CES 2019: 4 Things You Learn by Spending Thanksgiving Week in a Smart Belt
Name any accessory and there’s probably a “smarter” alternative. The Apple Watch is strapped around the wrist of every Silicon Valley health nut, and customizable earbuds are fitted in the ears of cross fitters everywhere. I suppose, then, it was only a matter of time before even the belt I wear to work would some day be able to track my calories and waist-size with the help of an attendant app.
The wave of wearables that has washed over the consumer tech market in recent years means there’s now an option for everyone. While the Apple Watch may have started off as a “status symbol for iOS devotees” it is now a certified hit with consumer demand that was through the roof. The allure of “smarter” wearables is also replacing the the more primitive types of trackers in the market, an analysis released in June shows. A CCS Insight report published in October forecasts the wearables market to only grow: “Worldwide smart wearable device sales will double by 2022, becoming a $27 billion market with 233 million units sold,” according to a Forbes contributor. So, it’s absolutely no surprise that a wellness belt, aka the Welt, will be launched in the United States January at CES 2019.
The Welt stylishly keeps your pants from falling while tracking your waist size, distance walked, time spent sitting, calories burned, and when you’ve eaten too much. It’ll then rank your overall “Health Score” as either best, good, or poor. There was no better time to test this than during Thanksgiving and the week leading up to the holiday. And by the aftermath of my feast, I realized that some of the Welt’s best features are actually what it doesn’t do, as opposed to what it’s advertised to do.
- Product: Welt Smart Belt
- Price: $149
- Perfect for: Stylish dressers that would rather diet than work out.
My black leather Welt was comprised of three parts: the Welt app, the strap, and the micro USB chargeable, silver buckle. I needed to cut the leather strap so it comfortably fit around my waist, the instructions suggested fitting it as if I were trying to put the prong through the third hole.
Once I slipped it on and wore it around the office for a few hours I noticed 1. I found myself forgetting that I was even wearing a smart belt, which might be a good thing.
It’s been widely reported that certain Fitbit users cheat to meet their daily step goal, which obviously defeats the purpose of wearing a fitness tracker in the first place. The fact that I forgot that I had a tracker on, however, prevented me from trying to hijack its accurate accounting of my lifestyle. Faced with the data, I realized I really should use the standing desks at work more often.
Without fail, my mom always buys me a pair of pants for Christmas. This gesture of love begins with a barrage of inquiries about what size waist she should buy, which I don’t know because I don’t own and always forget to borrow a tape measure. This back and forth culminates in my getting pants that don’t fit. This year, that will not be a problem as 2. The Welt constantly monitored my waist size* enabling me to respond to my mom immediately.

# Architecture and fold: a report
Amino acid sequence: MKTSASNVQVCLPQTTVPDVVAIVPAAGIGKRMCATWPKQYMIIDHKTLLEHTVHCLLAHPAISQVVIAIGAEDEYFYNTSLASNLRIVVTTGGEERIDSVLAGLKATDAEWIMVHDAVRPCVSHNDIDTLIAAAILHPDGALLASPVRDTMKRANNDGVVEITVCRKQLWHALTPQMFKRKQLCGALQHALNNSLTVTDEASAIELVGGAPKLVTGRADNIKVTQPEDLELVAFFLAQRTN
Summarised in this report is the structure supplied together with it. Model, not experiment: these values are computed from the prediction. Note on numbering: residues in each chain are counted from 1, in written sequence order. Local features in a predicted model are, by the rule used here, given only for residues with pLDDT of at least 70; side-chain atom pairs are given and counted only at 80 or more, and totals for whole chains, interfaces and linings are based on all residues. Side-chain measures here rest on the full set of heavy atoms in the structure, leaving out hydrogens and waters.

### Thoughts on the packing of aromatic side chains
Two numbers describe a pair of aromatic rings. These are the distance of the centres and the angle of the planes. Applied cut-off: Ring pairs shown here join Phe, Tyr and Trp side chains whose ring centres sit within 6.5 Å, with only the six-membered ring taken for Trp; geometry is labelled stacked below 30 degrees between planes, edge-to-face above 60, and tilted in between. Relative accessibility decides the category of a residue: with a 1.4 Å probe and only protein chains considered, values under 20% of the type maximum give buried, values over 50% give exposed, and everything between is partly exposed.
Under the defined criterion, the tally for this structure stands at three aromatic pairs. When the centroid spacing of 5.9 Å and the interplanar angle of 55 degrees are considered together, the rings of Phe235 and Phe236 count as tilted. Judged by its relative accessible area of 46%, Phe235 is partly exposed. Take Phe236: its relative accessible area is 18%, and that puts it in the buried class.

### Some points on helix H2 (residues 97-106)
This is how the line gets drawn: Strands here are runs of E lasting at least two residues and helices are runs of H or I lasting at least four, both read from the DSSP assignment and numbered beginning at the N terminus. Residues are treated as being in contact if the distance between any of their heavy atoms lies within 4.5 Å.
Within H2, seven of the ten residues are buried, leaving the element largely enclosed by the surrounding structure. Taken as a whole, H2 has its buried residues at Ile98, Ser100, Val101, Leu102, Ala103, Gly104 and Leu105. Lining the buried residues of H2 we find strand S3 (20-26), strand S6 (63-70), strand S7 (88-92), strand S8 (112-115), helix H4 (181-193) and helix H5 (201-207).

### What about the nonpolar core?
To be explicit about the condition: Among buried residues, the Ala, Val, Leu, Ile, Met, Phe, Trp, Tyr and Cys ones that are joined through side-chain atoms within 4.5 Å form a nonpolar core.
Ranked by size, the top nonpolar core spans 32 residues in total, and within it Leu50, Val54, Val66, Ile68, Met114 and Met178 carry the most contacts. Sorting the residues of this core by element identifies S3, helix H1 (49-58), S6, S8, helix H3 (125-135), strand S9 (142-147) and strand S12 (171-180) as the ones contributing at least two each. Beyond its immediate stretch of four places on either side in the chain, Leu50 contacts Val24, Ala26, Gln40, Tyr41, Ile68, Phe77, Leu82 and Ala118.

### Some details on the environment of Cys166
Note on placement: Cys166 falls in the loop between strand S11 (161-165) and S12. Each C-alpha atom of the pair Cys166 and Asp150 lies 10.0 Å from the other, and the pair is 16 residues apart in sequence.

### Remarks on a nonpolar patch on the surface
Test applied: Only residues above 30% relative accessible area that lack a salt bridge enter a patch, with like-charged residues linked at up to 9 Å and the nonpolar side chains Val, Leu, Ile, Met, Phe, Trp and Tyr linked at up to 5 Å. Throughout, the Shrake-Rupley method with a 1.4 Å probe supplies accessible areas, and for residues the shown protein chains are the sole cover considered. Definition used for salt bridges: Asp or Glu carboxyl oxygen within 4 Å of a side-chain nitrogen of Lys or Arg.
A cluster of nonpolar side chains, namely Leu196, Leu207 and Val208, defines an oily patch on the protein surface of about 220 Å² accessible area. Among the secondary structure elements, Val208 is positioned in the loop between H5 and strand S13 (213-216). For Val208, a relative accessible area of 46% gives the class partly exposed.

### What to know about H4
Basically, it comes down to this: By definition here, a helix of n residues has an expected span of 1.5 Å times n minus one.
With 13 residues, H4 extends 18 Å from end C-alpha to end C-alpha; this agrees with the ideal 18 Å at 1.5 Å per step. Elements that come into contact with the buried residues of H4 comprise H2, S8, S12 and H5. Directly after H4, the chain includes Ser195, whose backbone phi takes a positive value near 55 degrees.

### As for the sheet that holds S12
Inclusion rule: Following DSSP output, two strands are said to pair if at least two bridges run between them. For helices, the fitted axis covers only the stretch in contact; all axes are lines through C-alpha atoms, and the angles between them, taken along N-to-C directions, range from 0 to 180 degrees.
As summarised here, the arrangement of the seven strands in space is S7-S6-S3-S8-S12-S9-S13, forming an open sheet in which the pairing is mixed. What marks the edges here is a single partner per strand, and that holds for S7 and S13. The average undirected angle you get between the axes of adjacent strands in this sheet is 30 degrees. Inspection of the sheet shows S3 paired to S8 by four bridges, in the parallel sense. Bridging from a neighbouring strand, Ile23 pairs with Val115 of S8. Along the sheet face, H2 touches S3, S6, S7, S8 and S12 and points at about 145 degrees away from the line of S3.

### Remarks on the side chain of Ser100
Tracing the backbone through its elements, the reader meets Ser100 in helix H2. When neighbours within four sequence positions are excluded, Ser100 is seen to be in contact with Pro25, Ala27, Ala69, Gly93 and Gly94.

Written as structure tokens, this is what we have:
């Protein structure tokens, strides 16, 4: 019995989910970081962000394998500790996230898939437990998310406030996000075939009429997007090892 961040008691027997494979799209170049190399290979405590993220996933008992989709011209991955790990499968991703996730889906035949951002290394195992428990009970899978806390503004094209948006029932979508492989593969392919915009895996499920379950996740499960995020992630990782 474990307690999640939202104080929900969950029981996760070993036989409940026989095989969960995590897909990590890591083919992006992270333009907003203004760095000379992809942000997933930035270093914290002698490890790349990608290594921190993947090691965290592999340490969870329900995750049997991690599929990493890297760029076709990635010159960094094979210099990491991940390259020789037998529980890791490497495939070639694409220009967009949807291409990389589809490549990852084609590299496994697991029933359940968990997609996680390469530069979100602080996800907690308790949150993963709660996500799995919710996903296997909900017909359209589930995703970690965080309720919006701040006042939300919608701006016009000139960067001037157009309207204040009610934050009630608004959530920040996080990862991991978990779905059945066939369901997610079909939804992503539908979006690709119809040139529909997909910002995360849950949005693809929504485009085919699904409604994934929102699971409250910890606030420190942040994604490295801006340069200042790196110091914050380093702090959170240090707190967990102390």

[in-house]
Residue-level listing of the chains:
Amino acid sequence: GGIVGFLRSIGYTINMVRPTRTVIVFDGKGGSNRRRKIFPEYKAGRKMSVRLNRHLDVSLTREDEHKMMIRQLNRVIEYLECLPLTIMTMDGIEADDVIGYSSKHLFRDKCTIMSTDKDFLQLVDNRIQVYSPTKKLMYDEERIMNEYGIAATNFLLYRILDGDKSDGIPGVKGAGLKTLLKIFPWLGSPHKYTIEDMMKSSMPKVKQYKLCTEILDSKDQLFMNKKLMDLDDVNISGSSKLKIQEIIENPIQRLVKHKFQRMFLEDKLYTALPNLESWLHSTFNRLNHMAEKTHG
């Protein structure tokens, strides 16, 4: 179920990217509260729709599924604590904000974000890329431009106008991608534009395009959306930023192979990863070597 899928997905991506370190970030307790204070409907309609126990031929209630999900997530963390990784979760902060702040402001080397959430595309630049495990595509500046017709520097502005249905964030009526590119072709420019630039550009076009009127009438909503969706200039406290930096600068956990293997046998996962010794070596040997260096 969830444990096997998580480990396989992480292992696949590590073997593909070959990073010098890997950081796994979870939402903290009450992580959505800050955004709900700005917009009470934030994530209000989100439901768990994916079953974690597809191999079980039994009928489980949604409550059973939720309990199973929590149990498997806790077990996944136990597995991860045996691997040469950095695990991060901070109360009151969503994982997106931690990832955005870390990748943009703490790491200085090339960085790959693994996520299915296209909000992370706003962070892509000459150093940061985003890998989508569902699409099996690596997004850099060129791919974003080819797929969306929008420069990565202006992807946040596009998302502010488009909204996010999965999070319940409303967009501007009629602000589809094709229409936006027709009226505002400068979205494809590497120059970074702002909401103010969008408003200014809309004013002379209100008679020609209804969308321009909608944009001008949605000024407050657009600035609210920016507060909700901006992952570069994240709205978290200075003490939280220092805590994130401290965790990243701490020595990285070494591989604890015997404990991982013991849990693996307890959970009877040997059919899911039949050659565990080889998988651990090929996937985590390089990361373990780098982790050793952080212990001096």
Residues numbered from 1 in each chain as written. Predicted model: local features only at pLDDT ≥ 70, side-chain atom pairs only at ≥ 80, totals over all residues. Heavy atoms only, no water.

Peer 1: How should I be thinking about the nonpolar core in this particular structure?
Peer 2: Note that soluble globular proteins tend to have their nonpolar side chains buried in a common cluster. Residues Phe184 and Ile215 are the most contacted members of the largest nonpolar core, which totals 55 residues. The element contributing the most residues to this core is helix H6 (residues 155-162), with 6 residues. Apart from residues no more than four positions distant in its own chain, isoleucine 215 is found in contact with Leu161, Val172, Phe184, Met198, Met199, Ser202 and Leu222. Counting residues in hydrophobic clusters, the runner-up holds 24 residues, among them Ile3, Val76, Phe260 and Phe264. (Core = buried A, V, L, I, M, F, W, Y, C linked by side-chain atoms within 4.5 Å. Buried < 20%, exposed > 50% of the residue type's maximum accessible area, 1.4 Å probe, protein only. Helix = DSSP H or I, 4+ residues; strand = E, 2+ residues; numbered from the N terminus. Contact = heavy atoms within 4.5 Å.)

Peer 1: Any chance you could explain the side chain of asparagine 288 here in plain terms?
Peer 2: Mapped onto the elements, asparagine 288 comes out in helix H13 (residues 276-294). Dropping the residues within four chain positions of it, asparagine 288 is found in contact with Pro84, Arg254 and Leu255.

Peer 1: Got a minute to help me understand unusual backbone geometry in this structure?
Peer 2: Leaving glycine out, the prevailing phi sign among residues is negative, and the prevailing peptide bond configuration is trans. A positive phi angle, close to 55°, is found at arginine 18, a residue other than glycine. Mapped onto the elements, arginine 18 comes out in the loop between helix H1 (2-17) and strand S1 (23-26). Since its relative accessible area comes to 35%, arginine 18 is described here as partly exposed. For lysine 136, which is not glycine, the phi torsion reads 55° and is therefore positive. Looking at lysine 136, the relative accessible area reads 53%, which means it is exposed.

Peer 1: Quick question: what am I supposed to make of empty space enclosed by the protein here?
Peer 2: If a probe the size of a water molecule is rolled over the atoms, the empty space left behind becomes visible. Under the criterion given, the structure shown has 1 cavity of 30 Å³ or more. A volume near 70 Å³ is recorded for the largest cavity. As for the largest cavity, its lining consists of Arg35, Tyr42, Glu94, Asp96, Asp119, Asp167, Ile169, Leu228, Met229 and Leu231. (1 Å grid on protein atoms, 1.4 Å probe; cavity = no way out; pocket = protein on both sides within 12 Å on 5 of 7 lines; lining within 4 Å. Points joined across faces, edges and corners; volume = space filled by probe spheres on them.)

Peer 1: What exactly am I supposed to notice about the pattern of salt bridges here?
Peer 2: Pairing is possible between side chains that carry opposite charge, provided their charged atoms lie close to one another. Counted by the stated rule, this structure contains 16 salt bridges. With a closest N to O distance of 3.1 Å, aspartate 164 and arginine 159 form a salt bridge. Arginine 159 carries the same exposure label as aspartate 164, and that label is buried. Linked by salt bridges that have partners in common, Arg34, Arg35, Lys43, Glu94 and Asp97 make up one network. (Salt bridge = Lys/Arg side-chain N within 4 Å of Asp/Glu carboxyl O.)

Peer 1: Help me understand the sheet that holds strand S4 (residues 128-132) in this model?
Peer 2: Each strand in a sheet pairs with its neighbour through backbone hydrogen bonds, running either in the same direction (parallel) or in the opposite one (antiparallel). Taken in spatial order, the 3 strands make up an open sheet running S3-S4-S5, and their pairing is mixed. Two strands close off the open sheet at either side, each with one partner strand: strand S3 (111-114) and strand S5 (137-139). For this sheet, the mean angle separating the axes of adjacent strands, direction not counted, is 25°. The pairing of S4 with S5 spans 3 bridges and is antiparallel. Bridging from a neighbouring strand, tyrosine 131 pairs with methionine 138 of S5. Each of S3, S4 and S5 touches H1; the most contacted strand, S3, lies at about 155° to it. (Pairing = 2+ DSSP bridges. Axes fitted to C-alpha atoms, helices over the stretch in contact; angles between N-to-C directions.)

The app claims that instead of measuring my pants size, it measures your “actual waist size.” To see how that translates into pant size, I tested this out heading to The Gap to return some pants that were a little too big for me. The Welt had me 31-inches and when I slipped on some 30 waist size pants, they fit like a glove.
Perhaps the biggest innovation in the Welt is that it fixes one of wearable tech’s biggest problems. 3. It has an incredible battery life and it never stops being a belt event after it runs out of battery. Welt’s creators say that it should last 60 days fully charged though it takes only 2 hours to charge completely.
When Apple Watches and Fitbit run out of battery, it’s lights out. They simply aren’t fitness trackers or watches anymore. It’s no small feat that the Welt never uses all of its utility. Even when the battery is dead and your steps are going uncounted, it’ll still keep your pants up.
When I first booted up my Welt it had close to 40 percent battery right out of the box, which lasted me almost a week. But long-lasting battery life aside, it is weird to plug in your belt before you go to bed.
Thanksgiving day arrived and thus far, the Welt has yet to detect that I had overeaten, but today was my day to shine. My editor invited me to his family dinner where I gorged on turkey, stuffing, pie, and a week’s supply of carbs.
Roughly halfway through the meal, I had to go up a belt hole or risk suffering a self-induced asphyxia right at the dinner table. I quickly checked the Welt app and saw that it had detected a “big meal.” I was glad the feature worked, but I was struck with a sudden sense of guilt. Maybe I wouldn’t have that extra slice of apple pie I was planning on getting.
This is when it became clear, 4. The Welt is the wearable for people who want to diet and not work out. You rock it with dress pants, not gym shorts. And just in case the feeling of your pants button about to burst isn’t enough, it’ll let you know when you should probably stop eating pizza at the office party.
The Welt is in some ways a more low-tech alternative to modern-day wearables. There’s no touch screen, heart rate sensor, or fall detection. Instead of trying to reinvent the wheel with something flashy, the Welt discreetly and accurately does its job.
It doesn’t overpromise or underdeliver, it’s a nice belt with a little extra. That’s why it’s become a critical part of my closet.